While some research firms predicted earlier this year the end of the cross-border alcohol trade, the brewers’ latest data of show that the feast in the border shops is only speeding up: the sales of beer and cider keep growing in sunny weather.
The latest data of the Estonian Brewers’ Association show that the sale of beer in the shops at Latvia’s border increased 80 percent in the first half-year. The sale of mild alcoholic drinks, cider and long drinks, went up as much as 3.4 times.
Peeter Võrk, chairman of the Brewers’ Association, said that although the growth is not as impressive as last year, it is nevertheless remarkable. «This means that an increasing share of beer consumed in Estonia is purchased in Latvia,» he summed it up.
Since Estonia’s beer excise tax is almost three times higher than that of Latvia, it is hardly surprising that cross-border shoppers buy mainly beer. But how should we explain the surge of sales of mild alcoholic drinks? Võrk explains it with the steep excise increase on July 1, 2017; Latvia’s excise tax had been higher than Estonia’s before that.
«Thus, the cross-border trade of cider and long drinks only began in the second half of 2017,» Võrk said and added that the explosive growth took place this year.
Tarmo Noop, CEO of A. Le Coq, described the increase of cross-border trade as huge. He said that the plant has been breaking records in amounts of mild alcohol sold to the border shops. «July will probably see a new all times high,» he predicted.
Riho Maurer, owner of the Superalko chain and one of the leading figures of cross-border business, seconds the brewers. Moreover, we should consider that the share of Latvian and European beer bought in Latvia is in creasing as well. But our statistics does not reflect it.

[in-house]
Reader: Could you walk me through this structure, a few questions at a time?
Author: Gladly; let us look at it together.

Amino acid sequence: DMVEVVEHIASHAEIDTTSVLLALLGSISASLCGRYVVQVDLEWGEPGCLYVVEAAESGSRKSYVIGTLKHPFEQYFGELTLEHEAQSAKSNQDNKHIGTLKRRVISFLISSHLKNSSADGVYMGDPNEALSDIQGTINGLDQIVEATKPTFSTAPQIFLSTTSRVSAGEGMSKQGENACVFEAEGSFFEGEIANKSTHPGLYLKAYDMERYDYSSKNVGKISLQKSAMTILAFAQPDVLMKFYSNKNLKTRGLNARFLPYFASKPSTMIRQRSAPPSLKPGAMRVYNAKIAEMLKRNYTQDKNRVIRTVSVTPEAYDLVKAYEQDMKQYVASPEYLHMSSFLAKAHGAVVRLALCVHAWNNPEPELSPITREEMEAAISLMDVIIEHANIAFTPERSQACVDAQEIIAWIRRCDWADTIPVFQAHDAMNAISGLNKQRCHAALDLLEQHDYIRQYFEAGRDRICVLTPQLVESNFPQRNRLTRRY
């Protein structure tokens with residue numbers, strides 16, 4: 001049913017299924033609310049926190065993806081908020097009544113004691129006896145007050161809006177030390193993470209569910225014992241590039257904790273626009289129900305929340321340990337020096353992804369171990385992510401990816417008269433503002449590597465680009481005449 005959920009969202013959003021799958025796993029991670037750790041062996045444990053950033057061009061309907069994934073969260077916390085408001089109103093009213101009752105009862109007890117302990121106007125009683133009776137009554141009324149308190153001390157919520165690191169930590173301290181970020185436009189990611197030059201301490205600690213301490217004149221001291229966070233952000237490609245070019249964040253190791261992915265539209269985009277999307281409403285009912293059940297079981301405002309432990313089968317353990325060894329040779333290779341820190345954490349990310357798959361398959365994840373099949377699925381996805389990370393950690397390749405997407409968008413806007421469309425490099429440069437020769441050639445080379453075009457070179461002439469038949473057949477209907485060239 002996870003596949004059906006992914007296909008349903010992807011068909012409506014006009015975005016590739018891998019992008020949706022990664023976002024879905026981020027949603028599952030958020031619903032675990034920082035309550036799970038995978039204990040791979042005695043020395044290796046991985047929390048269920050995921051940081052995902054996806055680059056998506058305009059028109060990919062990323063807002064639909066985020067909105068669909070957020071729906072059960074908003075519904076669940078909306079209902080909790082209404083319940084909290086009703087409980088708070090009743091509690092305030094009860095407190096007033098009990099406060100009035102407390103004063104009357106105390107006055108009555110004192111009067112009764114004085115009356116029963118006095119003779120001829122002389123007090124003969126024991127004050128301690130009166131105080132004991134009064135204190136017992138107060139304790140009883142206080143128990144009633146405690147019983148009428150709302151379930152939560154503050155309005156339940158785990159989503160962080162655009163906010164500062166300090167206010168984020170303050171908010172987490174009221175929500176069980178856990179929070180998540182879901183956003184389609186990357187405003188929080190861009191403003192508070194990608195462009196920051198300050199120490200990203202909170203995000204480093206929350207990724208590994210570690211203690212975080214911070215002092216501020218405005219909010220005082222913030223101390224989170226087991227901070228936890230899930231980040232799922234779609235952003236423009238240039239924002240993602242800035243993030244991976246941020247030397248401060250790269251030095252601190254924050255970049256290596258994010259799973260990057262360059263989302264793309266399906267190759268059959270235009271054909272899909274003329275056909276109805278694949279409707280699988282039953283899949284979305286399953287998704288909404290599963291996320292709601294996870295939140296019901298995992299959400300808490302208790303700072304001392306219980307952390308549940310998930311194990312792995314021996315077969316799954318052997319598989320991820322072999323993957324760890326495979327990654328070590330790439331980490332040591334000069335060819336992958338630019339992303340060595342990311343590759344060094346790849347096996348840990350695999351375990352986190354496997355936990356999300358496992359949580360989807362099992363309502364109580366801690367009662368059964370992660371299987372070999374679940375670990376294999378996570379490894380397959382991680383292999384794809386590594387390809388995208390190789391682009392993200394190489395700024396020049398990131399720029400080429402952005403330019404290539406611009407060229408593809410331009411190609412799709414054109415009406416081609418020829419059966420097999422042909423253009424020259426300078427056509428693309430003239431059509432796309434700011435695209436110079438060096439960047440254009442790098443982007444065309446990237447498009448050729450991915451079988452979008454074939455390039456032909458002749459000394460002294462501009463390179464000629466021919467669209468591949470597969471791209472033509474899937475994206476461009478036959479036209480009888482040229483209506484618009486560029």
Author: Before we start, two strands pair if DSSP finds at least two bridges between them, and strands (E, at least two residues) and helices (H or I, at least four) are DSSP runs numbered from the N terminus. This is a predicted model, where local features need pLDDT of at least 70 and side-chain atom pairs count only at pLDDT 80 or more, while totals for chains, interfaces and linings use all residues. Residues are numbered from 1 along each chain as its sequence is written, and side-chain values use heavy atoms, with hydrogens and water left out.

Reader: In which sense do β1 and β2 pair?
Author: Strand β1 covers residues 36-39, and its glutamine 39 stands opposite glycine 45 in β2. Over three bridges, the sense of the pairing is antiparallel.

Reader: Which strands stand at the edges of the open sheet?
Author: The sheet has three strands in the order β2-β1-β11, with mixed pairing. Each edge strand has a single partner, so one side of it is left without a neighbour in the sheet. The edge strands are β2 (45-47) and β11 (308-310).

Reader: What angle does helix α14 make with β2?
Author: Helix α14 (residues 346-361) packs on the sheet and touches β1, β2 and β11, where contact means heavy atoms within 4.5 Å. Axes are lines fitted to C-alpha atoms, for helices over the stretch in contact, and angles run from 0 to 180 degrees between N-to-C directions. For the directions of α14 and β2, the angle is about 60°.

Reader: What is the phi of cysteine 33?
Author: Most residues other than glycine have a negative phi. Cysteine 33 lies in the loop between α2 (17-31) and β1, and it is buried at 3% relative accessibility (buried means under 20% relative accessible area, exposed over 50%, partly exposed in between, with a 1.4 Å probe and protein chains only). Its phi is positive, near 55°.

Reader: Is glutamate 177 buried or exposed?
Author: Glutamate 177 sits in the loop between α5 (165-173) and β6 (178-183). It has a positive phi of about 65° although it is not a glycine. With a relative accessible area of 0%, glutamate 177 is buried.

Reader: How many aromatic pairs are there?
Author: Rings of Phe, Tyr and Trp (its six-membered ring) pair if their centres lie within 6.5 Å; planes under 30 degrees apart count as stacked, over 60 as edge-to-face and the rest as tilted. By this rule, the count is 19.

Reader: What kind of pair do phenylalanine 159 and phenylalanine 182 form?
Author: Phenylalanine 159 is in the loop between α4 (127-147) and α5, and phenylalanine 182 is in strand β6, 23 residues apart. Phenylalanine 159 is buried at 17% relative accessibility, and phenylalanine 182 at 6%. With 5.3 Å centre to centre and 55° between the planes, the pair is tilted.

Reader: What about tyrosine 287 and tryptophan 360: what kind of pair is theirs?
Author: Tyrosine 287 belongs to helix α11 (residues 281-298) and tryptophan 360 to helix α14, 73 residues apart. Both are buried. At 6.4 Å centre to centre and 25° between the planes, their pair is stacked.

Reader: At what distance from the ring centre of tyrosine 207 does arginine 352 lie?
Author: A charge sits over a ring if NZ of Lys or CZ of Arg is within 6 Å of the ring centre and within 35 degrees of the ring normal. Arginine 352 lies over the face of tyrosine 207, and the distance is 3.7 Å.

Latvia increased its own beer excise tax in March. Although there were opinions that the neighbors’ beer price will level with ours, it is not true, according to Maurer. «It has no effect since the difference in excises is still twofold.»
Besides, future excise rises would not affect cross-border trade, since inflation will compensate for it. «The Latvian government is definitely more rational,» Maurer said.
He added that going to Latvia has become a habit for many people. «While our customers were previously the residents of South and Central Estonia, the number of buyers from North Estonia and Scandinavia has significantly increased by now,» he said.
According to the Brewers’ Association, more than one third of beer consumed in Estonia is presently sold across the Latvian border. Since no end of the buying frenzy is in sight, they predict that 32 million liters of beer will be sold across the border by the end of the year and 4.5 million liters of other mild alcoholic drinks.